Life savers pleading for beach-goers to ‘put safety first’ after record deaths

Queensland has recorded its highest number of beach-related deaths on record, with surf lifesavers calling for people to take more care.

The figures come as volunteer surf lifesavers prepare to return to Queensland beaches this weekend for the start of school holidays.

21 people died on the State’s beaches in the last financial year according to Surf Life Saving Queensland’s 2018-19 Coast Safe Report.


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12 of those deaths were males aged between 51 and 73.

Surf Life Saving Queensland Services Manager Peta Lawlor says that’s quite alarming.

“The statistics have shown that those 12 people have potentially suffered a medical condition whilst in the water, whilst swimming, whilst wading and performing those actions before or after patrol or where there are no services,” Ms Lawlor said.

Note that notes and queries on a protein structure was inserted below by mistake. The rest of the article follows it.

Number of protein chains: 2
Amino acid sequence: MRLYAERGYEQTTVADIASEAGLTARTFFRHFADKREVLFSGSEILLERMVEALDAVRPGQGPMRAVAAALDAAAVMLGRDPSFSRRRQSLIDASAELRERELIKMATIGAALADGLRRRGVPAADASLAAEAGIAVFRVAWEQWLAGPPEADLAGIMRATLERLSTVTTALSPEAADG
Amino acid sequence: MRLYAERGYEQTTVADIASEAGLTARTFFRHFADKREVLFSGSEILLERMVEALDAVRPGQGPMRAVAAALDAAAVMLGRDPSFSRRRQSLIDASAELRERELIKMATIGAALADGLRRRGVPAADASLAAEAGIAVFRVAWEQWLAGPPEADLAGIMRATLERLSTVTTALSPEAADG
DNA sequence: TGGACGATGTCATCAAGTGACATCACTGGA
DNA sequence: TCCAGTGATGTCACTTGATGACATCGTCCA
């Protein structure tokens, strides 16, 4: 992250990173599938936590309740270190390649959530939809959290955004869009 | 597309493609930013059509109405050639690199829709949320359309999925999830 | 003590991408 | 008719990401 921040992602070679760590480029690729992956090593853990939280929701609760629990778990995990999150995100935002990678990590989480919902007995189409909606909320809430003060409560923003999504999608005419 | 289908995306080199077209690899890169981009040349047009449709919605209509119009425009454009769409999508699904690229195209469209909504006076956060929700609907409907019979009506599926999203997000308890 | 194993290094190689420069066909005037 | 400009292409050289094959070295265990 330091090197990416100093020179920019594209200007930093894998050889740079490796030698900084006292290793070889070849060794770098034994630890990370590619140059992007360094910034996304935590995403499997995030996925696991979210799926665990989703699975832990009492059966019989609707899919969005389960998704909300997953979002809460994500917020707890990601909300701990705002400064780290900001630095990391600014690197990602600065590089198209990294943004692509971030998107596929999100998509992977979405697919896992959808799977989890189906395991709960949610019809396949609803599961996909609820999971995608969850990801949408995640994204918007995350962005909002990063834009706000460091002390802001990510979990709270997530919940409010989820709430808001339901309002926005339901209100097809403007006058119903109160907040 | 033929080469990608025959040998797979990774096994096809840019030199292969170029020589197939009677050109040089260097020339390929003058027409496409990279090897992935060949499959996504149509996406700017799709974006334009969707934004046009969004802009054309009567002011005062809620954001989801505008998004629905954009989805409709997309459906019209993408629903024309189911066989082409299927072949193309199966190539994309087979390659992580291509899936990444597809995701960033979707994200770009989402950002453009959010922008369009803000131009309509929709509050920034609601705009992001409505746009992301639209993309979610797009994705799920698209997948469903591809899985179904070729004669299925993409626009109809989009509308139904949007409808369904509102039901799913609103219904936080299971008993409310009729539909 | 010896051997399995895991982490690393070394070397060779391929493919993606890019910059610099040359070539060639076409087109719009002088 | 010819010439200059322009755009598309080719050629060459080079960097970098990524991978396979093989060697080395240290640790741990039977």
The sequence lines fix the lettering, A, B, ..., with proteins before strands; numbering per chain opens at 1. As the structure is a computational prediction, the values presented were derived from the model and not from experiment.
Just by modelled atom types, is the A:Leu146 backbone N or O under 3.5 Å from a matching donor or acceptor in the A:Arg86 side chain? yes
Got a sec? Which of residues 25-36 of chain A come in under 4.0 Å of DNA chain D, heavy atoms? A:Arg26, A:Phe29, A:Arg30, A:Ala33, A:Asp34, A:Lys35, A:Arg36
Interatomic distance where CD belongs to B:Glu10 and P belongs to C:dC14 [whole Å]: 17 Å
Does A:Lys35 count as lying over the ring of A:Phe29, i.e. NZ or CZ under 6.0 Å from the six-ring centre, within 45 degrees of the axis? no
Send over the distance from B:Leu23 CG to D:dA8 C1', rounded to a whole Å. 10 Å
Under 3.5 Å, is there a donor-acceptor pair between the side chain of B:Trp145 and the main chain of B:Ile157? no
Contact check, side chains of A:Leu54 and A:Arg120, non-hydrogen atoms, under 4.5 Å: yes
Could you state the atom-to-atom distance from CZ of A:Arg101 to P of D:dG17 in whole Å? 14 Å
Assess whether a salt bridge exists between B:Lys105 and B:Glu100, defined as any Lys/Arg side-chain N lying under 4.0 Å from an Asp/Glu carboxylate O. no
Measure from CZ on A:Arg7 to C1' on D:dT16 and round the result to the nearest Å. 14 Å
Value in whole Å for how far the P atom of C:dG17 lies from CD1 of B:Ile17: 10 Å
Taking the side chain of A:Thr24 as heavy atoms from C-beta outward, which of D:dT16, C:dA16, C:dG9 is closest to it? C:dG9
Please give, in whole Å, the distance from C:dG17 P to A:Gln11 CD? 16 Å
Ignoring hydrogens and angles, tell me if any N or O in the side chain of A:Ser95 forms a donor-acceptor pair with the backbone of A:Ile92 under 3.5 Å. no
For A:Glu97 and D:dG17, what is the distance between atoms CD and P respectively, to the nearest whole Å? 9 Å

“We haven’t been able to get to them on time or get to them at all.”

“If you are within that demographic and you are quite physical and want to go in the water the first thing remember is you only swim between the flags.”

Ms Lawlor is also urging people in that age group to have a medical check-up if they haven’t had one in the last 12 months.

The Coast Safe Report also reveals that 10 of the 21 deaths on beaches last year were international visitors.

“People want to come to Queensland and visit the beaches and have a wonderful time, the sad part is 10 of those did not make it back or did not make it home,” Ms Lawlor said.

“So we need to get our message out there far and wide to domestic and international visitors, if you are coming to the beach you must swim between those red and yellow flags.”

SLSQ plans to ramp up its Same Wave program this season which educates migrants and international students and offers water skills assessments for homestay students.

Surf Life Savers performed almost 4000 rescues last season, a jump of 35% on the previous year.

They also carried out over 700,000 preventable actions where they’ve had to warn people who have got themselves in trouble.

“What that means for us is that people are taking some risks and we need to the message out clear and wide that if you are going to the beach you need to swim between the flags.”

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